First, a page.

The enigmatic nature of creativity and success
How do you make collaboration work?
Immediately the last chapter went out to the review readers in the virtual cafe, posts started to come in indicating that people were identifying with the problems that teams and team managements were having in the information environment. This post by Al Stanley was the first of these:
After reading this chapter, I am at last beginning to appreciate what Peter is writing about. What Peter is saying here about managers, leaders and cooperative projects is something I've lived with all my working life. For the most part, those structures have served their purpose well. But, of late, (the past eighteen months or so), I have gradually seen a disintegration in our working environment, particularly in the working relationships between managers, leaders and peers. The start of this period coincided with our company's migration from traditional products to intranet/internet related ones.
I got that "Eureka" feeling while reading Chapter 7. Suddenly I could see why our teams are not functioning efficiently; why our nerves are on edge; why people who've worked happily together for years are snapping at each other. It's not the "chaos" brought on by technological change that is causing this disfunction, but rather the very structure we are using to manage the "chaos"! What I am seeing every day is managers not managing, leaders not leading, and team members grumbling. Yet no individual person is to blame. It is the structure.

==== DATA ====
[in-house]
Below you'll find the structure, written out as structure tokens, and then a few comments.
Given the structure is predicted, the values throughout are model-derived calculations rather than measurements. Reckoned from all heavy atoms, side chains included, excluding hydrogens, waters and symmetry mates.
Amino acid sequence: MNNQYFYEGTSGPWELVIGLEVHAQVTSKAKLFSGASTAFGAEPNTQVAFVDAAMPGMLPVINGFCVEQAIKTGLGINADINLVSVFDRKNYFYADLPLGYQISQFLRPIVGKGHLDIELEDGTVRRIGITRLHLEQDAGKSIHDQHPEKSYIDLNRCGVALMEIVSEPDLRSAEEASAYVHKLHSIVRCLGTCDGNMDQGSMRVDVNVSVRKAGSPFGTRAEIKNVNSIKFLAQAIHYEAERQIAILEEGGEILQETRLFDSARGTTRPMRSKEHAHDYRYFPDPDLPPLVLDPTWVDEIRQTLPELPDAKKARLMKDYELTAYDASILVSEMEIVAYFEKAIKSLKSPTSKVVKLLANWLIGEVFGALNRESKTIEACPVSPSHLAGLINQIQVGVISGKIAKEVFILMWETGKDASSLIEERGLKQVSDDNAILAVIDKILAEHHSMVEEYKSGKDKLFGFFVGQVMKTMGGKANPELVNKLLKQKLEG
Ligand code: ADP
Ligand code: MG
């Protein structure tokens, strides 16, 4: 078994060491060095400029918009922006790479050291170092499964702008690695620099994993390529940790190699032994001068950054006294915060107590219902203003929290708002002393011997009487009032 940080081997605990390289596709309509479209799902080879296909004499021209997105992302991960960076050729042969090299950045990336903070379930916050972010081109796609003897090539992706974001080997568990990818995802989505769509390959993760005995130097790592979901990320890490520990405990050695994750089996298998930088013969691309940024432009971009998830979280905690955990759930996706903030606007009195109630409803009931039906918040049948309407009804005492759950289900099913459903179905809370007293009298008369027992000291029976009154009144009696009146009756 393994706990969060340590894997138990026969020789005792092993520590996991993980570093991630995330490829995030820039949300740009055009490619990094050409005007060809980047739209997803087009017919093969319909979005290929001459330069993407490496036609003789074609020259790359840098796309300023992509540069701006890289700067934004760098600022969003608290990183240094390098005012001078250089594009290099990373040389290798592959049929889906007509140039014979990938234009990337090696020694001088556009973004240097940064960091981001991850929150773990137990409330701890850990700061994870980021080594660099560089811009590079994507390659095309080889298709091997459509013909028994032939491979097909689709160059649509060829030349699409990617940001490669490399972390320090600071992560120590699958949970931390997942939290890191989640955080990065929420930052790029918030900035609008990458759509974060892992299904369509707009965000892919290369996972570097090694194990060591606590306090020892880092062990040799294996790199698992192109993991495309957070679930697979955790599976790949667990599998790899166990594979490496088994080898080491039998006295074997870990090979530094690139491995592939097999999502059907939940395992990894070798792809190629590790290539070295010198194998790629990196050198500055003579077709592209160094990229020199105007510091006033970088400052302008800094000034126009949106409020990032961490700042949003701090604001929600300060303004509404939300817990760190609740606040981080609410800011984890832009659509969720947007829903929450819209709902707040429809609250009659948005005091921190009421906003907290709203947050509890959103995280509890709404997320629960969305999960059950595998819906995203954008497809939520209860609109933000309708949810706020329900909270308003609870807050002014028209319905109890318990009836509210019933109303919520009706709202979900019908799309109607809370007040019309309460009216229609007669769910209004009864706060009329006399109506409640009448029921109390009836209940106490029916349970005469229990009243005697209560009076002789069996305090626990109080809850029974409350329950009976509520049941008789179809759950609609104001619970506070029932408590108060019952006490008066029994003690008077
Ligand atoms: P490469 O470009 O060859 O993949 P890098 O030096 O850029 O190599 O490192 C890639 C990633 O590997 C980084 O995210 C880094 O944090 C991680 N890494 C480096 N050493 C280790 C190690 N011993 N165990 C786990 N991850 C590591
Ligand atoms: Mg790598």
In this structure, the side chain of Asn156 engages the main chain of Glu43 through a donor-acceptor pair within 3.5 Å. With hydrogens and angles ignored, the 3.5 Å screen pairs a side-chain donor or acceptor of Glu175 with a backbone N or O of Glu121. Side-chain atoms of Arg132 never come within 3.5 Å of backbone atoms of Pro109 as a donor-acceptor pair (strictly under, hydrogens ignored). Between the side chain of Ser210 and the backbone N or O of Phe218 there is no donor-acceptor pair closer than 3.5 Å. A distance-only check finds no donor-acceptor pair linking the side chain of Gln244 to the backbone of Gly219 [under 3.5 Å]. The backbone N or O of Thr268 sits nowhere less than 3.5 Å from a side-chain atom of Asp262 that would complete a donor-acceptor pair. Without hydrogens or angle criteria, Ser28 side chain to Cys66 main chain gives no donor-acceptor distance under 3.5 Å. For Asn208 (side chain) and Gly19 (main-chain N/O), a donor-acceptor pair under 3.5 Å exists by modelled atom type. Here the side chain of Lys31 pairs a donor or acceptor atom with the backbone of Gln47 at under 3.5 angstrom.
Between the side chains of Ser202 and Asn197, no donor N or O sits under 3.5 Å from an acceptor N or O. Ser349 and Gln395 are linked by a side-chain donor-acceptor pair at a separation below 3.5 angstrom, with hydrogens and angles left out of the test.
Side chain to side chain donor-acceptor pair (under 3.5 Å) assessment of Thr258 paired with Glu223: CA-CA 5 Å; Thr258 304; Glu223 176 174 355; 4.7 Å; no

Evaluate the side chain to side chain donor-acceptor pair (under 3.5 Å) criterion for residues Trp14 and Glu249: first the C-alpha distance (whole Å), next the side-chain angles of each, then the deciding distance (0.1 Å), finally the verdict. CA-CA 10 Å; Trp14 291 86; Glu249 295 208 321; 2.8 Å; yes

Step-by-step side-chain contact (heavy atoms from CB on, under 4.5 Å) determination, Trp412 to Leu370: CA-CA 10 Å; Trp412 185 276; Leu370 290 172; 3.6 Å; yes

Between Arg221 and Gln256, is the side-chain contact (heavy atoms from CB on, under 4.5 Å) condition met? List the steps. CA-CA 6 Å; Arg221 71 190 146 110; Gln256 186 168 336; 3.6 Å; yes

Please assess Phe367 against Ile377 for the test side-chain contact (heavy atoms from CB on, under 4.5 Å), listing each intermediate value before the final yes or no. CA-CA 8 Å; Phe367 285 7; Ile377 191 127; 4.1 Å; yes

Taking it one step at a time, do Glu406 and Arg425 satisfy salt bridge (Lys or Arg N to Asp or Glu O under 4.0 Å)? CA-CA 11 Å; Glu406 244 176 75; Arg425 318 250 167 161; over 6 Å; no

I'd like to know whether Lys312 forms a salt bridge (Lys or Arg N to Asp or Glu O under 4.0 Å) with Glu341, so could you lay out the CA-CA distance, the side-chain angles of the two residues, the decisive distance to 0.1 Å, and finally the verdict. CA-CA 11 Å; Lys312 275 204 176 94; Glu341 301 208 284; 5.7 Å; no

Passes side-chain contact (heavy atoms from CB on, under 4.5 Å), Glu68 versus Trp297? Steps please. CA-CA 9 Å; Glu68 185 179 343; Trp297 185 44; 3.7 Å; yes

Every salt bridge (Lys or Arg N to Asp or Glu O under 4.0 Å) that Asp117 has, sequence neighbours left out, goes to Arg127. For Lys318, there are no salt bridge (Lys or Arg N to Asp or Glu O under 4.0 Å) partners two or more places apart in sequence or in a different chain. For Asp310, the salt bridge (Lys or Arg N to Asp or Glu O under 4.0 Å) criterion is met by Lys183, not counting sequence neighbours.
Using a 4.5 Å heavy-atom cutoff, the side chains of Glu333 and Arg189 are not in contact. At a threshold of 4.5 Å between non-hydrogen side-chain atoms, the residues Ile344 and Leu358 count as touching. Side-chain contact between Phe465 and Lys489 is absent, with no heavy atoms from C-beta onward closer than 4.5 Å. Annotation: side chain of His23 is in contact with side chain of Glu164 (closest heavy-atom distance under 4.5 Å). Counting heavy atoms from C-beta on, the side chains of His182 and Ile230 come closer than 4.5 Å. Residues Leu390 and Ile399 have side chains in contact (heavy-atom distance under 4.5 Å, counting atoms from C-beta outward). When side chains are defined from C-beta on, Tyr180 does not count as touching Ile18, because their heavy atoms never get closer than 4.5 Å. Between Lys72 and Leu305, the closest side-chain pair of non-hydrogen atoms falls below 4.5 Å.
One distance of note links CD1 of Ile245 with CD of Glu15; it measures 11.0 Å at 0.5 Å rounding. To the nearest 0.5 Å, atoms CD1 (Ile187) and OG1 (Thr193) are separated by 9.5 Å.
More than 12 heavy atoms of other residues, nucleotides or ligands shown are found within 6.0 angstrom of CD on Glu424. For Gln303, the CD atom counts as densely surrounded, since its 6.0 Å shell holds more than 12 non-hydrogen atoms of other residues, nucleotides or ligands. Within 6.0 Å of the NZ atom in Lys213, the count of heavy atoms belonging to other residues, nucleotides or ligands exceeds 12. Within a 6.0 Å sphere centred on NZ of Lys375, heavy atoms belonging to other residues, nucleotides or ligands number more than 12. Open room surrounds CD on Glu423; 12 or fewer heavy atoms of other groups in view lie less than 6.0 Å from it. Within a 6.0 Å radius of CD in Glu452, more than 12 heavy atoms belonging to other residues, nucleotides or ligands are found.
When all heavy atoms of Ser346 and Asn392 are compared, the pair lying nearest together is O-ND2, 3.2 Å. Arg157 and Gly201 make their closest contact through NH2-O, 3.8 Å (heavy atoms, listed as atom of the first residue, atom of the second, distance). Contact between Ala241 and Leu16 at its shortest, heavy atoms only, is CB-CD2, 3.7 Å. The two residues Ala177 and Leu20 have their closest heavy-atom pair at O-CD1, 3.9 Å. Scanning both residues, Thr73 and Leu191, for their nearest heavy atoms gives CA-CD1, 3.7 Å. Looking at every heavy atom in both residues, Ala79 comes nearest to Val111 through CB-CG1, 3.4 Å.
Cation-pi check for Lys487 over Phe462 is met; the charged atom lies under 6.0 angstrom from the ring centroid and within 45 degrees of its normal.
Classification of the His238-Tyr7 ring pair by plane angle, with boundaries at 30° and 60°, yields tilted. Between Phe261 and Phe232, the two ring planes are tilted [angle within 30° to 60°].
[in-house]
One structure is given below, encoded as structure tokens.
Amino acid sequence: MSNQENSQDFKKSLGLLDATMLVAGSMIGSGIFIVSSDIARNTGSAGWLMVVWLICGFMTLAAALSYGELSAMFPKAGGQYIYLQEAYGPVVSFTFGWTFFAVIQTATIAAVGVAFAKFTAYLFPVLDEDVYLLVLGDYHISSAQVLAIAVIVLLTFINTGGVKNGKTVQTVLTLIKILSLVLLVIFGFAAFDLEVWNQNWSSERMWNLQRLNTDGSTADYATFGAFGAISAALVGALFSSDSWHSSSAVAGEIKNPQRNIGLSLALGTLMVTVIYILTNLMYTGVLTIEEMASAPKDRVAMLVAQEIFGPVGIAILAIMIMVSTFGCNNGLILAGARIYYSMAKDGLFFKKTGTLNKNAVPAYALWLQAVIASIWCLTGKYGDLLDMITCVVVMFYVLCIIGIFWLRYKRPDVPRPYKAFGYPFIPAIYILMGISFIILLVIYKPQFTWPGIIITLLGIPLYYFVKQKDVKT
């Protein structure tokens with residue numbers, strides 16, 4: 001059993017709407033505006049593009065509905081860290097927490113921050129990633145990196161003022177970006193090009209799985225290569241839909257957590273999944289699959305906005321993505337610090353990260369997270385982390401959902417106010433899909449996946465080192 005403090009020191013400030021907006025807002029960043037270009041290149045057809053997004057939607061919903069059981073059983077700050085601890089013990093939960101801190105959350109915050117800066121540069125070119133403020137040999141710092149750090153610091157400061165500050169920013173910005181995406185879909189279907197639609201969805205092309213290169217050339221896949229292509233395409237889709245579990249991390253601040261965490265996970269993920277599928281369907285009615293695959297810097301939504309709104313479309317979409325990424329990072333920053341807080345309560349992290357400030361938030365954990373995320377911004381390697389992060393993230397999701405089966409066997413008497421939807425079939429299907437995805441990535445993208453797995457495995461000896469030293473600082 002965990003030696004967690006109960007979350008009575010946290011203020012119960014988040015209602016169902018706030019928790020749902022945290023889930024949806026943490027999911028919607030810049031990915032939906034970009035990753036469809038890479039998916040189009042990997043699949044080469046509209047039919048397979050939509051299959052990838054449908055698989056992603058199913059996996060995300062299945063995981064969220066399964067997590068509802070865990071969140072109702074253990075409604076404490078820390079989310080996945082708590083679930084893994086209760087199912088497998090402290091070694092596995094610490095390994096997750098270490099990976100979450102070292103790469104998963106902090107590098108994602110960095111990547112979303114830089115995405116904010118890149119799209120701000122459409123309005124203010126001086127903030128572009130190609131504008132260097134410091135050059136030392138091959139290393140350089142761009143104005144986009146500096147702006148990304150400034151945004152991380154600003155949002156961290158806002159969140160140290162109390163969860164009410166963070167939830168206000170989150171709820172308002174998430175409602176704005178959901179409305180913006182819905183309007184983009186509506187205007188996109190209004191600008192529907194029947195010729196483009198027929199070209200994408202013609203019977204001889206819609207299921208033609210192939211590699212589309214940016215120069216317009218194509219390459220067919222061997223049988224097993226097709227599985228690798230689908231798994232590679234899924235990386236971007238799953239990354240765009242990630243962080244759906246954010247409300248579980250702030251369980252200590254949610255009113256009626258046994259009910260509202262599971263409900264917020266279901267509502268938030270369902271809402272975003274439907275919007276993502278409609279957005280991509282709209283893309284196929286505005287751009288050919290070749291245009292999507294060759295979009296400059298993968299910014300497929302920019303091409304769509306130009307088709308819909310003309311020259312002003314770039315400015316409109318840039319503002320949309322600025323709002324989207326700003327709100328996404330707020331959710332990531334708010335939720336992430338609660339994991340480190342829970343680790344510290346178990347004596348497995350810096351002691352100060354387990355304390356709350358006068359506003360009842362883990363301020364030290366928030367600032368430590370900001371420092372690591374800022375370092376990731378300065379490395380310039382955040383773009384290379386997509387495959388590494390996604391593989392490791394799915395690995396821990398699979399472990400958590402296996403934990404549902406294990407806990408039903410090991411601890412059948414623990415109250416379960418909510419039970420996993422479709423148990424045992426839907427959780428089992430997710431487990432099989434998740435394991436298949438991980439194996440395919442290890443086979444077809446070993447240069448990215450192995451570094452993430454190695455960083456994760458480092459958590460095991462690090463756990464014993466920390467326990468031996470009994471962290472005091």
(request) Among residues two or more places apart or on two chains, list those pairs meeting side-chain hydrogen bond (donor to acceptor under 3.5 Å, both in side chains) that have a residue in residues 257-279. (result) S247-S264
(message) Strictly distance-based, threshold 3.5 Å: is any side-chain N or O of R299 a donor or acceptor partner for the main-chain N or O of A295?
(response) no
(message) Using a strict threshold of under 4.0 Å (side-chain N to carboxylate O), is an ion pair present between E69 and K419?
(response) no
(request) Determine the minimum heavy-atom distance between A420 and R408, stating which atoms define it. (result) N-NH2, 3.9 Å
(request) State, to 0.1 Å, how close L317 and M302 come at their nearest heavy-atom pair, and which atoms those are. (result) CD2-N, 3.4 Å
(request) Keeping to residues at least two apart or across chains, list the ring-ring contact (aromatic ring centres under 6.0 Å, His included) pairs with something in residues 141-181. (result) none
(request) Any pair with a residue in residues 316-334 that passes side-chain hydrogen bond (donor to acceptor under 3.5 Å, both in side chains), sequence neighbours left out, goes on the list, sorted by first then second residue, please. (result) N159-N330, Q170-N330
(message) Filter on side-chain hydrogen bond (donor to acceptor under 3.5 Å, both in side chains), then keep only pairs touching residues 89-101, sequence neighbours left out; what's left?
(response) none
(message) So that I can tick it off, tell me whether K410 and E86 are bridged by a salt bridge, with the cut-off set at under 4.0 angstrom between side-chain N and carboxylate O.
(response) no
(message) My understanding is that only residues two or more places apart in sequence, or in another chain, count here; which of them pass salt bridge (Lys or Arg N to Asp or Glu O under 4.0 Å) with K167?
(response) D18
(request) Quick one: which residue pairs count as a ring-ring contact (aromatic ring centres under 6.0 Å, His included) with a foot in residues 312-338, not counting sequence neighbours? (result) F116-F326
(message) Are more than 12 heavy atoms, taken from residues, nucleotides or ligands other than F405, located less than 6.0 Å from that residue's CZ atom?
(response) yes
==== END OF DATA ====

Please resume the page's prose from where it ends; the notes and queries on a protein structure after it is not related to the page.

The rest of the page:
So now I understand Peter's point of view about collaboration. But unfortunately, it would be an impossible sell at my place of work; so I won't even try. But it's something I have gained.
Al Stanley's post, like many other similar posts commenting on the last chapter, accepted that there was a problem but could see no practical solution. This presents us with the dilemma: "How do we apply the technique of collaboration to e-business?"
Before proceeding any further, it is worth re-emphasising the key reason for preferring collaborative rather than cooperative techniques. As was explained in chapter six, it is preferable in situations where there cannot be any definitive answers. It is preferable where there is a large amount of uncertainty, or, where there are knowledge gaps. Just like Game Theory, it is a technique used where rational thinking and logic cannot be relied upon to come up with the right answers.